Introduction And Excited Announcements
Have you ever wondered what lube is best for Lichen Sclerosus? Perhaps you felt overwhelmed by the massive selection of lube options online and had no clue what to buy? Have you ever wondered what you should look for and avoid in a lube? If yes, this is the episode for you!
Today I am here with my amazing friend and follow LS warrior, Jaclyn, from The Lost Labia Chronicles, and we are going to be talking about lubrication, artificial lubrication, that is. But before we jump into this, click here to subscribe to The Lost Labia Chronicles, which dives into sex, mental health, and Lichen Sclerosus through blogs and YouTube videos. I’m am so happy to be here with my girl to talk with y’all about lube (what kind of lube is right for you, Jaclyn’s experience with dilators and lube, what you want to consider in choosing a lube, etc).
Lichen Sclerosus Support Network – A Huge Thank You To Our Sponsor!
Before we jump into today’s episode, however, I want to thank our sponsor, Lichen Sclerosus Support Network (LSSN) for making this podcast possible. LSSN is helping get people diagnosed earlier and get the treatment and care they deserve.
Be sure to follow them on IG and FB @lichensclerosussupportnetwork.
Types of Lube
Let's start with types of lube!
Water-based lube: Very versatile. Safe for toys, dilators, and penetrative sex. Water-based lube is compatible with condoms.
Silicone-based: Long-lasting. Has a very silky feel to it. Safe for penetration. However, it is not advised to use silicone-based lube with silicone toys, as silicone lube can degrade the surface of silicone toys, making them more prone to accumulating bacteria (which encourages vaginal infections).
Oil-Based: Safe for toys, dilators, and penetrative sex. However, they are not compatible with condoms as they can break down the condom.
Hybrid: This is a combination of any of the above. Be mindful of a hybrid on silicone toys, and be mindful if there is oil that isn’t compatible with condoms.
Plant-Based: This might be aloe vera types, such as Aloe Cadabra, for example. These a great, but be mindful of ingredients. For instance, Yes Oil-Based is a great product, however, it does contain natural oils, therefore it wouldn’t be compatible with condoms.
Which Lube is Good for Lichen Sclerosus?
Lube is so important when working with dilators, toys, and/or penetrative sex.
First, you are probably experiencing pain or discomfort if you are using dilators.
Second, working with dilators, especially in the beginning, can be very clinical. Therefore, you may not have a lot of natural lubrication. Using a lube can help make the process a lot more comfortable.
Jaclyn found some recommendations by Heather Jeffcoat such as Uberlube and Slippery Stuff. She also ordered Yes Water-Based, Aloe Cadabra, and she also added coconut oil to her arsenal.
Trying new products on her vulva made Jaclyn anxious. She was worried about having a reaction or the lube causing her to flare. Therefore, Jaclyn has a protocol for testing new products on her vulva.
Jaclyn’s Lube Test Protocol
On Day 1: Fingertip dab of lube on the left labia minora and leave it on.
On Day 2: If day 1 went well, I add a bit more on the left labia minora.
Day 3: Day off.
Then on Day 4: If there is still no reaction, I put it on the labia minora.
*Day 5: Day off
Day 6: If no reaction, good to go on the vulva.
Finally on Day 7: Similar process in the vagina (just because it’s OK for the vulva doesn’t mean the vagina will be OK too). Take a little bit of lube on the dilator and insert ¼ of the way in and do a similar process.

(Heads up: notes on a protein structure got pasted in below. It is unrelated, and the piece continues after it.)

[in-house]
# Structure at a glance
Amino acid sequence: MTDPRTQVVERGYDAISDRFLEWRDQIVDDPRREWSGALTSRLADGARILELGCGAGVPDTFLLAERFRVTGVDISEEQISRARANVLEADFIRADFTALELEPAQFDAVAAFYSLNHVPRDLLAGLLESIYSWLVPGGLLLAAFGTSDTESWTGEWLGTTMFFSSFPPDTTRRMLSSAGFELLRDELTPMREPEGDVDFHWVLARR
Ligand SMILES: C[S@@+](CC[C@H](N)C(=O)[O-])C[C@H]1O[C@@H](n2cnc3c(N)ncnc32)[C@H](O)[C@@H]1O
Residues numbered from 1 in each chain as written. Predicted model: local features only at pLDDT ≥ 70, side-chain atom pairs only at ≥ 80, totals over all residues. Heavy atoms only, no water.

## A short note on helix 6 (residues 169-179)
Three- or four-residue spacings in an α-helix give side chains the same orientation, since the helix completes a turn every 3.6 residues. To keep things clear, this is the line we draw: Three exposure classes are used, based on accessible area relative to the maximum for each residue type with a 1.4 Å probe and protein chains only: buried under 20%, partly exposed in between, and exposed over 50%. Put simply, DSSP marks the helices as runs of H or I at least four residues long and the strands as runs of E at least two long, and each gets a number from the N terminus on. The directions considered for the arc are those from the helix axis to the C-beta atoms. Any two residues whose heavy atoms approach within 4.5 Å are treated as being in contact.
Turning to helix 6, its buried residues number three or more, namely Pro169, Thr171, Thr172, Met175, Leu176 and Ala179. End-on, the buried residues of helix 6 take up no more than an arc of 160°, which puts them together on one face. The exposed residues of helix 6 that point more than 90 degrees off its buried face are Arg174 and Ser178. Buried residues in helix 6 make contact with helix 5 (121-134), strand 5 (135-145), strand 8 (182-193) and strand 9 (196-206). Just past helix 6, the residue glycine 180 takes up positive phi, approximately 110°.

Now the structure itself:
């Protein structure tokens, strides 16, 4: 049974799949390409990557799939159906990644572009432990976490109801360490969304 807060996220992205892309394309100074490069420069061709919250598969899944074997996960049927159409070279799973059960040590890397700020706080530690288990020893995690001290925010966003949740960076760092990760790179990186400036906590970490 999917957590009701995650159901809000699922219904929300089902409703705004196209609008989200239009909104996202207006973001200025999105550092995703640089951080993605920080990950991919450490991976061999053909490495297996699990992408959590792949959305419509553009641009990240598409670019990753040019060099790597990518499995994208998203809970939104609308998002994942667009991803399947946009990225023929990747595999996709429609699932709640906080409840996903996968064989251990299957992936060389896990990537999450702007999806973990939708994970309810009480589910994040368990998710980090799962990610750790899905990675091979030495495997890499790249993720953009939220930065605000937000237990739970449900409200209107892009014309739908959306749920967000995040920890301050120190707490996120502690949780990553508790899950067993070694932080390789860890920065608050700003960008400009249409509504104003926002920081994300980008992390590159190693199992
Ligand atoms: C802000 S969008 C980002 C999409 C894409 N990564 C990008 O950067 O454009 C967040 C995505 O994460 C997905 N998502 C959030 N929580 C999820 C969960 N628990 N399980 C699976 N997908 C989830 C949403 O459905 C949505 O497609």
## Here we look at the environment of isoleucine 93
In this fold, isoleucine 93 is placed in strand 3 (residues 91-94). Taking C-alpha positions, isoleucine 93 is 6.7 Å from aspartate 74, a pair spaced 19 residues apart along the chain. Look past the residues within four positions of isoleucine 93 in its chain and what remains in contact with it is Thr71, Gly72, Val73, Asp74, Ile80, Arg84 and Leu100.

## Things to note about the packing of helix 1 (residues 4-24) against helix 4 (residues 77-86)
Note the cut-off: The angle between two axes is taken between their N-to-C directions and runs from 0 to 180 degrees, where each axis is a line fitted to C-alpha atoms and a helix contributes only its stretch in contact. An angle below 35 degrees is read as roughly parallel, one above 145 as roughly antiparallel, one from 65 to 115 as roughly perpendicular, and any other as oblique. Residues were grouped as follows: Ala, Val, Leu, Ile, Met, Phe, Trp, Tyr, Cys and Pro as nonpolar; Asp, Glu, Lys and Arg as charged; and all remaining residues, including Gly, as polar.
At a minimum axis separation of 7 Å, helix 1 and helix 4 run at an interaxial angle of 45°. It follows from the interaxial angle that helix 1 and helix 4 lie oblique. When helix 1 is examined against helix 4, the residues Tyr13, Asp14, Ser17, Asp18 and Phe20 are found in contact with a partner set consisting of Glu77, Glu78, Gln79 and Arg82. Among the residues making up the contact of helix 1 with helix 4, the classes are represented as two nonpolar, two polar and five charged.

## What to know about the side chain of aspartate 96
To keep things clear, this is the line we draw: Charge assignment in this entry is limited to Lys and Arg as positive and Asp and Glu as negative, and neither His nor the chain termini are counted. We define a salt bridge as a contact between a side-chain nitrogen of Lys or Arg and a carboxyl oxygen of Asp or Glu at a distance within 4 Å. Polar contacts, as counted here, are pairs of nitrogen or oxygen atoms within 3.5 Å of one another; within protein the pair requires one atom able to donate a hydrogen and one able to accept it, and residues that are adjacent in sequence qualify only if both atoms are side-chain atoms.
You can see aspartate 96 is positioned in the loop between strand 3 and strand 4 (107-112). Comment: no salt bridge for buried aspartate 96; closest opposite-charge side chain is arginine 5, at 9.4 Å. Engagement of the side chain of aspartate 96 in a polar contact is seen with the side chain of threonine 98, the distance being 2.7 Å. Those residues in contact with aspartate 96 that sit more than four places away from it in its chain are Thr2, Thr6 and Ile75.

Importantly, Jaclyn tracks this data in a symptom tracker; this allows Jaclyn to see whether a lube is Jaclyn-LS approved or not. Once a lube passes the protocol, she uses it regularly.
Jaclyn’s Experience with Lube and Dilators
The following is Jaclyn’s lived experience. Importantly, LS is an individualized disease and there is no one lube that everyone will love. What works for some may not work for others. There is some experimentation needed.
Pros: Cheap, cost-effective, easy to purchase. No irritation, feels soothing. Minimal ingredients.
Cons: Messy because it doesn’t come with a pump or squeeze bottle. Not the greatest with bigger dilators because didn’t provide enough thickness; ideally, Jaclyn wanted something more substantial.
Pros: Relatively cheap, minimal ingredients. Squeeze bottle, so less mess. No irritation.
Cons: Again, Jaclyn wanted something thicker and more substantial.
Pros: Great texture, very soothing. Created for people with vulvovaginal disease/conditions. Phenomenal customer services. Squeeze tube so less mess; easy application.
Cons: Pricier option.
Cons: Expensive, takes quite a while to ship outside of the USA. Didn’t work well with dilators – BUT – Jaclyn notes this was her fault. At the time, she didn’t know silicone lube isn’t recommended for silicone dilators and toys. It was very challenging and uncomfortable to use this lube with dilators.
Pros: Relatively inexpensive, pump or squeeze bottle, easy application, feels soothing, great texture (thick and really helps the dilator move in and out comfortably), minimal ingredients, non-irritating.
Jaclyn’s Experience with Lube
Jaclyn experimented with lube for 4+ months while working with dilators and 2 months with penetrative sex in order to find the best lube for her body and her LS. Let’s start with dilators first!
Dilators and Lube
Dilators are typically silicone (e.g., Intimate Rose) or hard plastic (e.g., Hope and Her). Jaclyn used silicone dilators and went to see a physical therapist to learn how exactly to use the dilators. Her pelvic floor physiotherapist used Slippery Stuff for lube. Slippery Stuff is incredibly popular and is widely used in physiotherapy clinics.
Jaclyn’s pelvic floor physiotherapist used Slippery Stuff lube to insert the dilator and show her how to use them. During this appointment, the lube felt fine, however, Jaclyn noticed some stinging and burning afterward while walking home.